Former Cleveland RB Jamel White has proven to be an excellent receiver out of the backfield, which should help him earn playing time in Jon Gruden's offense
Last Friday, one day after signing as a free agent with the Tampa Bay Buccaneers, Jamel White was touring the suburbs of Tampa, on a house-hunting trip with his fiancée, Jen.
The couple had little luck that first day, but Jamel and Jen still had big smiles on their faces when they swung by team headquarters. That's because, in a larger sense, White thinks he's found a neighborhood that he's really going to like.
"I would love to stay here," said White, contemplating a multi-year commitment in Tampa after finishing four good seasons with the Cleveland Browns. "I just love playing football, and I like Coach (Jon) Gruden's way of doing things."
Part of the Bucs' astounding free agent haul this March, White was signed last Wednesday, the same day the team added former Cincinnati running back Brandon Bennett and nine days after former Raider Charlie Garner joined the club. The sheer volume of arrivals and departures – 18 players have been signed, re-signed or acquired via trade, while seven of the team's own unrestricted free agents have left – might seem to make for a confusing situation in Tampa Bay's locker room. Quite the opposite; White feels as if he knows exactly how he will fit in with the new-look Buccaneers.
And that's a comfort he never quite found in his old neighborhood.
White has nothing negative to say about the Browns or his four years with the team that originally plucked the undrafted free agent off waivers from the Colts in 2000. It's just that, with Cleveland's long search for a true feature back – through Travis Prentice, James Jackson and William Green – there was never a well-defined role for White for an entire season.
"I wasn't exactly sure where I fit into the team," he said. "But coming here, I know exactly where I fit, so I don't have any reason to complain. I'm coming here to do a job for them and I'm going to get the job done."
After hearing Gruden's recruiting pitch, White became convinced that the team would find opportunities for all of its new backs in some sort of rotation.
"You always need running backs, because few running backs stay healthy through the whole year," said the 5-9, 211-pound back. "The way he explained it to me, you're going to need a running-back-by-committee situation. He doesn't want one running back to stay in the game the whole time. I came here because I trust people to tell me the right things, to give me the right kind of coaching, and I'm going to follow through on what they say."
Heading into free agency, Tampa Bay General Manager Bruce Allen expressed his belief that the Bucs' highly-respected coaching staff would have serious drawing power on the open market. The results of the last three weeks appear to have vindicated Allen, as does White's enthusiasm to work with Gruden and company. White really didn't need a lot of convincing upon his arrival in Tampa, as former Cleveland teammates Roman Oben, Rickey Dudley and Greg Spires had already laid the groundwork.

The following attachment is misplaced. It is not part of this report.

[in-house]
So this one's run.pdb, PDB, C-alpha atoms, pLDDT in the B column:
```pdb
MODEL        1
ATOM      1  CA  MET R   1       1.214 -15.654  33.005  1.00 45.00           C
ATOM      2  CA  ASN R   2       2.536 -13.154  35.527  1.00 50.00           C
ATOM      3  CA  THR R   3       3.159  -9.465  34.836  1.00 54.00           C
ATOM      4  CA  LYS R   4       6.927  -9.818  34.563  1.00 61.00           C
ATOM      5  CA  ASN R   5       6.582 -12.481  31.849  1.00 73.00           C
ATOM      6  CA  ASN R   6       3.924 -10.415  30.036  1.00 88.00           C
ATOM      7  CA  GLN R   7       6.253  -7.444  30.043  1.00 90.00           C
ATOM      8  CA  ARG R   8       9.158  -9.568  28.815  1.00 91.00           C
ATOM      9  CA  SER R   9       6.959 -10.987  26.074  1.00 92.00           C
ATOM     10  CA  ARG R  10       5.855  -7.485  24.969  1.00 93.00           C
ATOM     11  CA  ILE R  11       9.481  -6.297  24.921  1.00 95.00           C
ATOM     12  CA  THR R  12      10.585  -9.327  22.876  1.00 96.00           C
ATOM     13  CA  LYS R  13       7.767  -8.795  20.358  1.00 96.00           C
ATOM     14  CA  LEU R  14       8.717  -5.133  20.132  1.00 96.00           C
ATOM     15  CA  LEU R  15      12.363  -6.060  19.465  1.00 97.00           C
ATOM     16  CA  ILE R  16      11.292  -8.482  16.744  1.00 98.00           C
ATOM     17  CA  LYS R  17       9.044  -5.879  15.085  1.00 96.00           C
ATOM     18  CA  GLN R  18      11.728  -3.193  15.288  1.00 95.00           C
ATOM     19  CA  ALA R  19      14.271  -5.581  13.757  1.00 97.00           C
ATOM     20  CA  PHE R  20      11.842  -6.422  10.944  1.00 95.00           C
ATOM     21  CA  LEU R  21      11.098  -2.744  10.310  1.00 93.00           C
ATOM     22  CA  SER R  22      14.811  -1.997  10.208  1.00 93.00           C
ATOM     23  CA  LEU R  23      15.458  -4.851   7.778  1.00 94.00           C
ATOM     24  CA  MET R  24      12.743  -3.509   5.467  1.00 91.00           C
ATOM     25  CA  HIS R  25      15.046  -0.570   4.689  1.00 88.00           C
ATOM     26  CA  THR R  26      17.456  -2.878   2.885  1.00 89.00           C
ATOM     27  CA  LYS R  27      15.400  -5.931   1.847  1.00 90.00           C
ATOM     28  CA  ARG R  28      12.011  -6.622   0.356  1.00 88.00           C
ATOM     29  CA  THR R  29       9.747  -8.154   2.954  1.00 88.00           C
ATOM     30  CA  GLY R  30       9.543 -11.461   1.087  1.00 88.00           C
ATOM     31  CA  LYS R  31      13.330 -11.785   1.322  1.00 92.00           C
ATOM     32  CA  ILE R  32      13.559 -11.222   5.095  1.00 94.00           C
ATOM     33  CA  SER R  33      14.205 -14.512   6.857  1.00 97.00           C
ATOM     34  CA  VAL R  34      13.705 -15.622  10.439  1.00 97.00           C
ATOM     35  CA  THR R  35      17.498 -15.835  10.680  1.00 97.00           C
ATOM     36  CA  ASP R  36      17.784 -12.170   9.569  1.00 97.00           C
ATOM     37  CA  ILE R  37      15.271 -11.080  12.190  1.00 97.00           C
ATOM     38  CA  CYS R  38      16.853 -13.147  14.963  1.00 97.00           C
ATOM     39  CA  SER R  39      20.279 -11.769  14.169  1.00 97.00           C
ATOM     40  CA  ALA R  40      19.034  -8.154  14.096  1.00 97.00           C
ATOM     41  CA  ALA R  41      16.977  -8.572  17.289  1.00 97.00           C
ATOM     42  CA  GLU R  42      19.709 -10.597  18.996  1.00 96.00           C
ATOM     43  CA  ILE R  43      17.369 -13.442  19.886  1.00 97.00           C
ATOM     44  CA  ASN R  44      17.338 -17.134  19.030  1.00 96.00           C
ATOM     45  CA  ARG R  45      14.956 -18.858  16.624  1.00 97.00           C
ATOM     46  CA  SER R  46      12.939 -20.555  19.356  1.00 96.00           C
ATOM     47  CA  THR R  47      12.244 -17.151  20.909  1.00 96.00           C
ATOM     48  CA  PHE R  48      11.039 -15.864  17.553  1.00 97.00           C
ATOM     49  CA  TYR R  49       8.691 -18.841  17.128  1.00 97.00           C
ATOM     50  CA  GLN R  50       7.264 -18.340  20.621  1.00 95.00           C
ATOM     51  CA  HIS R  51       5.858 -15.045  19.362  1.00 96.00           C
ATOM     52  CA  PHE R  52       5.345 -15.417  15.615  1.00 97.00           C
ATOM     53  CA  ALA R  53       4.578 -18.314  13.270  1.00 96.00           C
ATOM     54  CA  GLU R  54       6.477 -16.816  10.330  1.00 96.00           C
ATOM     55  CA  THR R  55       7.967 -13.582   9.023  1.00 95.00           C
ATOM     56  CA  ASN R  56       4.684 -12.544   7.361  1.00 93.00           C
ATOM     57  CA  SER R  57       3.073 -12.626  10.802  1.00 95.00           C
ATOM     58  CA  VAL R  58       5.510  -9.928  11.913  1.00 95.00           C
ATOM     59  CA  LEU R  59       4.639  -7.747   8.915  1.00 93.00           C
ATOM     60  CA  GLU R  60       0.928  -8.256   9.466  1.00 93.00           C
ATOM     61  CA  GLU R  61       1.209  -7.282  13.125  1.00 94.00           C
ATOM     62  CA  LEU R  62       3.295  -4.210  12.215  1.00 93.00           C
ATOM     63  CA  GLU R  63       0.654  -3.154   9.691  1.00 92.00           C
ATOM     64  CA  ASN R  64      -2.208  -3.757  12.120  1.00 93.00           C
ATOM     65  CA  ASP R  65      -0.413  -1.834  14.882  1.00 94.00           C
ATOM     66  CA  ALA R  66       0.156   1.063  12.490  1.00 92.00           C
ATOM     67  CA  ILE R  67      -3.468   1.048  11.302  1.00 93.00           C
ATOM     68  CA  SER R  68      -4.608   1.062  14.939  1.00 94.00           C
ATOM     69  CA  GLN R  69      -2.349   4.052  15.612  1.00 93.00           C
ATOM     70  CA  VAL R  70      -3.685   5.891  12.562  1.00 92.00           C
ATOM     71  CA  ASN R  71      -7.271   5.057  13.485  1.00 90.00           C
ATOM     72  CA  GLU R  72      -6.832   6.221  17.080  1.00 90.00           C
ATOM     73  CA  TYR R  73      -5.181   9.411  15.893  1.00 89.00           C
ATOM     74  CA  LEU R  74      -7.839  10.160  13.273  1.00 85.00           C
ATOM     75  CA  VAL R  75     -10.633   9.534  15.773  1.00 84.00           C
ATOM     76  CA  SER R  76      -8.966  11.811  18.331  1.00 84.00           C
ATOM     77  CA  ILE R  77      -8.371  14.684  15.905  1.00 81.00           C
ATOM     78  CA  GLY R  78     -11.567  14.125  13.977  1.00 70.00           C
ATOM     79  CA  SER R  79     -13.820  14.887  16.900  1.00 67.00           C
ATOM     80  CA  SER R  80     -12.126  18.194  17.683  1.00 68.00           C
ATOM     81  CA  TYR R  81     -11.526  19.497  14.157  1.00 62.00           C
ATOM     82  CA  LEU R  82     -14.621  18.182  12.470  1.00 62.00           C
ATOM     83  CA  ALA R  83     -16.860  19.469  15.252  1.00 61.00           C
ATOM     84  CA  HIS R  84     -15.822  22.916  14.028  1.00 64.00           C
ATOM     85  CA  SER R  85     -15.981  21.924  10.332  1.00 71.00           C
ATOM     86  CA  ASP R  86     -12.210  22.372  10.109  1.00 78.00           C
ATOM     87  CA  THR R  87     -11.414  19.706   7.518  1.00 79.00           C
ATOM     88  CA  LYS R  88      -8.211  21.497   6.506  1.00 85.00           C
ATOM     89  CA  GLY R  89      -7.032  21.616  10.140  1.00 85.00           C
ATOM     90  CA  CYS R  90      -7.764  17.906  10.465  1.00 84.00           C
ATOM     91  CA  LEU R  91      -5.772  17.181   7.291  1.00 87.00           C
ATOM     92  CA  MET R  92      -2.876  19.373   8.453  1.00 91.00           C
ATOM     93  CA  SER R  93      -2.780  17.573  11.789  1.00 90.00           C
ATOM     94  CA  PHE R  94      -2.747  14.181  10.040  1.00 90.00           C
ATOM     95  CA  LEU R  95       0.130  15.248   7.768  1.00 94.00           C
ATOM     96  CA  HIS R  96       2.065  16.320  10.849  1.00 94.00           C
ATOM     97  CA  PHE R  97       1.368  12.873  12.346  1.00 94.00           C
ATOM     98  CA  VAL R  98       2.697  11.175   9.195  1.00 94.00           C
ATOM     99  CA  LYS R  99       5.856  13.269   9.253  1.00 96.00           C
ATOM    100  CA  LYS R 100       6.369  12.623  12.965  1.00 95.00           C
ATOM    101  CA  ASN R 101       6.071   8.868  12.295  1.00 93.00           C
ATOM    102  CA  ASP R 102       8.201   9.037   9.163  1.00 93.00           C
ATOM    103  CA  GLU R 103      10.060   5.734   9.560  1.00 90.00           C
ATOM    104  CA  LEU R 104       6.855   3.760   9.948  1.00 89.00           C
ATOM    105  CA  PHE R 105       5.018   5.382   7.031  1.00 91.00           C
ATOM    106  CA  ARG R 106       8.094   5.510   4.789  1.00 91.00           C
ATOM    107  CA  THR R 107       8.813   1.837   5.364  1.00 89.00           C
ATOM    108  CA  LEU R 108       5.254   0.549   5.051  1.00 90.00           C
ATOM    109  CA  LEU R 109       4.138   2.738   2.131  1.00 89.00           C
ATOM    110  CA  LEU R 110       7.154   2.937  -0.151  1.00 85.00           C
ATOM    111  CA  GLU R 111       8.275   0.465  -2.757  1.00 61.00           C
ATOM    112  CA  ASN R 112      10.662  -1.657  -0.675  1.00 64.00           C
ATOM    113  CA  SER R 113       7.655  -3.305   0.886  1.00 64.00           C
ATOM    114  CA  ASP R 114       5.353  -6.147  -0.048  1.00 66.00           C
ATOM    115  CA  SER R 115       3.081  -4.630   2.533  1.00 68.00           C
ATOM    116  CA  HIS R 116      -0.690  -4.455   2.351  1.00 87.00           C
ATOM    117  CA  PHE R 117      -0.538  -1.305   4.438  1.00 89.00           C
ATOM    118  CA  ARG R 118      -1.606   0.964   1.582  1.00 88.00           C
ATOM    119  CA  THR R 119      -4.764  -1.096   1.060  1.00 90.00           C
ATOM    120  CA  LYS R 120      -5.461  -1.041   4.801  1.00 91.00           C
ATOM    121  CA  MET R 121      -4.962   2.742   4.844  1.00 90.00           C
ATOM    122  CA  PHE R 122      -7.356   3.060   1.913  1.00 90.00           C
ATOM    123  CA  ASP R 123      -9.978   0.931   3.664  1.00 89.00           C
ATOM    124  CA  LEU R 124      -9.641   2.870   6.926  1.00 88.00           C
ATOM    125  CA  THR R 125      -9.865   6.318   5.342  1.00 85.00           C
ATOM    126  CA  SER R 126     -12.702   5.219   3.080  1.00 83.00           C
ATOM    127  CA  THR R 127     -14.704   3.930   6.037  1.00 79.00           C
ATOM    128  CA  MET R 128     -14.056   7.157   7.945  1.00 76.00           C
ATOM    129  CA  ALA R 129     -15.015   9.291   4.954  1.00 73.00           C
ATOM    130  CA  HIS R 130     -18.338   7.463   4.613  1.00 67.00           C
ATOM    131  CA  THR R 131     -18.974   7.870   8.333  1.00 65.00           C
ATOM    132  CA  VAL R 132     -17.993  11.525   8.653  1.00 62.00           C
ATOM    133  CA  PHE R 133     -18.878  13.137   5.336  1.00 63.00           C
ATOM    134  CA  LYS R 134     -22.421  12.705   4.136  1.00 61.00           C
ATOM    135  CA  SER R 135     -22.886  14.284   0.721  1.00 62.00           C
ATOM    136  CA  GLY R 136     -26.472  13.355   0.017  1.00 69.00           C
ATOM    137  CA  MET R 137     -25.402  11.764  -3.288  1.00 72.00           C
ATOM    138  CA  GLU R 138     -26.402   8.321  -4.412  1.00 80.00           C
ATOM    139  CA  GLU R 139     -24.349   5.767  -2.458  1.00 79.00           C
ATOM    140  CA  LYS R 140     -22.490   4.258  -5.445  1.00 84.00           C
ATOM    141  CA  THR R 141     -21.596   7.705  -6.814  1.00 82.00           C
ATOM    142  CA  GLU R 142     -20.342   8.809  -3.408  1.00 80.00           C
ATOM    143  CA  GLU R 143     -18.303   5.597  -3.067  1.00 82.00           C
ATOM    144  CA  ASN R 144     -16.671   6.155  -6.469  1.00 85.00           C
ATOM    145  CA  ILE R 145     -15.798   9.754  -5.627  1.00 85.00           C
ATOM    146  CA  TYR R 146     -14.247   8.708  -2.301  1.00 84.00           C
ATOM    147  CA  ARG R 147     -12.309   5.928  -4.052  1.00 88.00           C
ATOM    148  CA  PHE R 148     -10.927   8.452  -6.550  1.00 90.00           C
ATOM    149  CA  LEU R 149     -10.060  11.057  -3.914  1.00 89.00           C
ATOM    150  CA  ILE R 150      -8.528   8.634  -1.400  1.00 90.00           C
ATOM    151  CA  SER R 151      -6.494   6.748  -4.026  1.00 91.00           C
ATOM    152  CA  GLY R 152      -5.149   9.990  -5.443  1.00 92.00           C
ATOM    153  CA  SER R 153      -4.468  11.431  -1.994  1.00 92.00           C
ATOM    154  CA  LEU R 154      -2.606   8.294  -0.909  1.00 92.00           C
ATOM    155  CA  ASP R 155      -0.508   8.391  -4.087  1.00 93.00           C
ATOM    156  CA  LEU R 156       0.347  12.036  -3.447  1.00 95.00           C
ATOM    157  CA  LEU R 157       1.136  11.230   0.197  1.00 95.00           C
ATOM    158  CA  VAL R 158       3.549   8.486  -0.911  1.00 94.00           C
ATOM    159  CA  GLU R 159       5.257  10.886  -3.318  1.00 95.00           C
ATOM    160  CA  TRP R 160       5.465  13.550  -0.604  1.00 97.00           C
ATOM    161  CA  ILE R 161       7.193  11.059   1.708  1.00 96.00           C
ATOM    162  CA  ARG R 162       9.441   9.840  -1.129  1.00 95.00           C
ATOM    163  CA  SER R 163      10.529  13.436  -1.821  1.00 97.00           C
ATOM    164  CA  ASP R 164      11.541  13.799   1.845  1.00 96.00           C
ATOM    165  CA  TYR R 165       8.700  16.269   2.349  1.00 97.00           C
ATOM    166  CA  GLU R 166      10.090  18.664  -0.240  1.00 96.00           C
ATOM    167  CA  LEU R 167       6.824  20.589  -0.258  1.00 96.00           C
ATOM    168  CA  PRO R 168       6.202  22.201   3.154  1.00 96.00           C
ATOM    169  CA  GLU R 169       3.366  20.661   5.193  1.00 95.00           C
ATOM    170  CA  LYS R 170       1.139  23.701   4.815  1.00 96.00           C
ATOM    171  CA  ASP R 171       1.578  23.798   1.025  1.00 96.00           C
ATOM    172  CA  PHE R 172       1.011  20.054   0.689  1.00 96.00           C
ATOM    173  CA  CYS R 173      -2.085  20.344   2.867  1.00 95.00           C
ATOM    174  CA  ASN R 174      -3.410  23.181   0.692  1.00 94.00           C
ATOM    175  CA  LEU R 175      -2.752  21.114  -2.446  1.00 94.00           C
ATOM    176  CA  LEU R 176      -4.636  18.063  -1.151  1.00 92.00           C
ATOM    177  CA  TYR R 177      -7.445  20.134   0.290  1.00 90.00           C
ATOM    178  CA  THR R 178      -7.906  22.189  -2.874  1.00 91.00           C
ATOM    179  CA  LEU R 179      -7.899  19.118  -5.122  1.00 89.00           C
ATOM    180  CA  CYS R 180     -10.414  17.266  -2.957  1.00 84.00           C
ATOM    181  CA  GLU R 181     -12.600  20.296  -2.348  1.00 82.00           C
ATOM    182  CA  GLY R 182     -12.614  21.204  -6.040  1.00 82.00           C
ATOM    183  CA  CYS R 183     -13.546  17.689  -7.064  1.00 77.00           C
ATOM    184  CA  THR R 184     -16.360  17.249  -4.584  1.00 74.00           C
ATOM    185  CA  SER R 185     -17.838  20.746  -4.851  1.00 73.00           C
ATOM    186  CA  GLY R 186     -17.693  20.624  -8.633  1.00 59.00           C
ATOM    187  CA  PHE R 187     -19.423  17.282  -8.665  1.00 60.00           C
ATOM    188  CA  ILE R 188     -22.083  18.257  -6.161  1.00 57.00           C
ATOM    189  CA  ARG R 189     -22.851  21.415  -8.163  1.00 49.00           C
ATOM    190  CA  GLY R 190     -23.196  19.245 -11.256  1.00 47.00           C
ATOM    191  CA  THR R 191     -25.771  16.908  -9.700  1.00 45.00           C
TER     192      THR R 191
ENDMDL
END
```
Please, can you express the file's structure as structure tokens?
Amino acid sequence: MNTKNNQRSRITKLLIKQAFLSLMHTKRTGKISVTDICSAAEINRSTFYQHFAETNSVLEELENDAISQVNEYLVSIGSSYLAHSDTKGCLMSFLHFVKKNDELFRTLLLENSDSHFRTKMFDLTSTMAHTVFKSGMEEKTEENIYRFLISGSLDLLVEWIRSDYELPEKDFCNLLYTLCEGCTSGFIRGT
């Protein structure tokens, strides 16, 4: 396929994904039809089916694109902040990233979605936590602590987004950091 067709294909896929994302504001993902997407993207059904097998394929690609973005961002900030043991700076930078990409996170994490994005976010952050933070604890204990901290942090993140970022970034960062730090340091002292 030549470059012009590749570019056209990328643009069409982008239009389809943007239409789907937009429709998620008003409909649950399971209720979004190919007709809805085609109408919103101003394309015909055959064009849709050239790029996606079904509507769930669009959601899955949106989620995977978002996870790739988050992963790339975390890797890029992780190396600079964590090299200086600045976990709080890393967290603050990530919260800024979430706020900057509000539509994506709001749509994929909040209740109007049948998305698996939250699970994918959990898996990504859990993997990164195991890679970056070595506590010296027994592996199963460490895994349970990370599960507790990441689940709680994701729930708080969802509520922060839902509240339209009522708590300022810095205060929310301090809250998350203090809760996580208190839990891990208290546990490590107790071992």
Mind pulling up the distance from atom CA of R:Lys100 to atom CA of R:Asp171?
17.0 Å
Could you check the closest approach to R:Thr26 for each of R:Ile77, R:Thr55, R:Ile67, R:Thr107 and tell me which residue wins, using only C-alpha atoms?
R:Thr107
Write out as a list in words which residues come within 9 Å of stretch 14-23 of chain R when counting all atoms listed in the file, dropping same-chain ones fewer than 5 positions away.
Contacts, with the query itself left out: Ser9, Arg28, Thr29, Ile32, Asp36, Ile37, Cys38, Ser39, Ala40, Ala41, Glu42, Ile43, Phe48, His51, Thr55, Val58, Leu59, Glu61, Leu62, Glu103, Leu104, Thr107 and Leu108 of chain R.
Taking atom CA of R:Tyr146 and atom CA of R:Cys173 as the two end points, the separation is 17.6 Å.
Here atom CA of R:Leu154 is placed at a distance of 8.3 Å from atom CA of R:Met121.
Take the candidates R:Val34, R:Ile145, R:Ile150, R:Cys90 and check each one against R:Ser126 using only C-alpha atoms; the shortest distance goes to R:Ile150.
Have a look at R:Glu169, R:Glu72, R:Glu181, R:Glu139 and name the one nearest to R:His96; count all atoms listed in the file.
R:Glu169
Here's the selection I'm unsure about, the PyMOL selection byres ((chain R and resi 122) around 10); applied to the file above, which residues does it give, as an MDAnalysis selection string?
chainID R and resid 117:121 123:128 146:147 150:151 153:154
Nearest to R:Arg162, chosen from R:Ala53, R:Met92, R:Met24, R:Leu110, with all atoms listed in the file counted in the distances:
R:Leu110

"They told me it was a great place and that Coach Gruden would be straight up with you," said White. "That's all I need. If somebody tells me to do something, I won't try to correct it, I'll correct it. As long as you can tell me what needs to be done, I'll do it."
The Bucs will almost certainly ask White to spell Garner and to produce in the passing game out of the backfield. White proved he could do all of that in 2002 when he ran for 470 yards, averaging 4.4 yards per tote, and caught 63 passes. The Bucs know White is a threat as a receiver; in a 2002 game at Raymond James Stadium, a 17-3 Bucs win over Cleveland, White caught 10 passes while also gaining 38 yards on nine carries.
White's final three games in Cleveland were as a starter after he had 101 yards on just 16 carries in a 26-20 loss to St. Louis on December 8.
Cleveland's offense as a whole struggled to run the ball consistently, however, finishing 20th in the league, which was still four spots higher than the Buccaneers. To address their own ground concerns, the Bucs have signed four new starting-caliber linemen, Todd Steussie, Derrick Deese, Matt O'Dwyer and Matt Stinchcomb. No doubt that has made Tampa an even more attractive destination for running backs.
Not that White needed any more convincing.
"Sure, I'm excited to play behind a new line," he said. "Actually, to be honest with you, I'm excited to play behind any line. I enjoy catching the ball, and I love running the ball, also. I just want to help the team win."
White also wasn't phased by the early acquisition of Garner, who will presumably be the starting back. In fact, the combination of Gruden and Garner gives White an unparalleled opportunity to improve his game.
"I think this will be the best opportunity for me," said White. "I've seen what Coach Gruden has done with different running backs. Charlie Garner's here and he's one of the guys I usually study. I know I can learn so much from him. Still being young in my NFL career, that's what I want to do – learn more about how to play this game."
That's what makes a great neighborhood, after all – the people.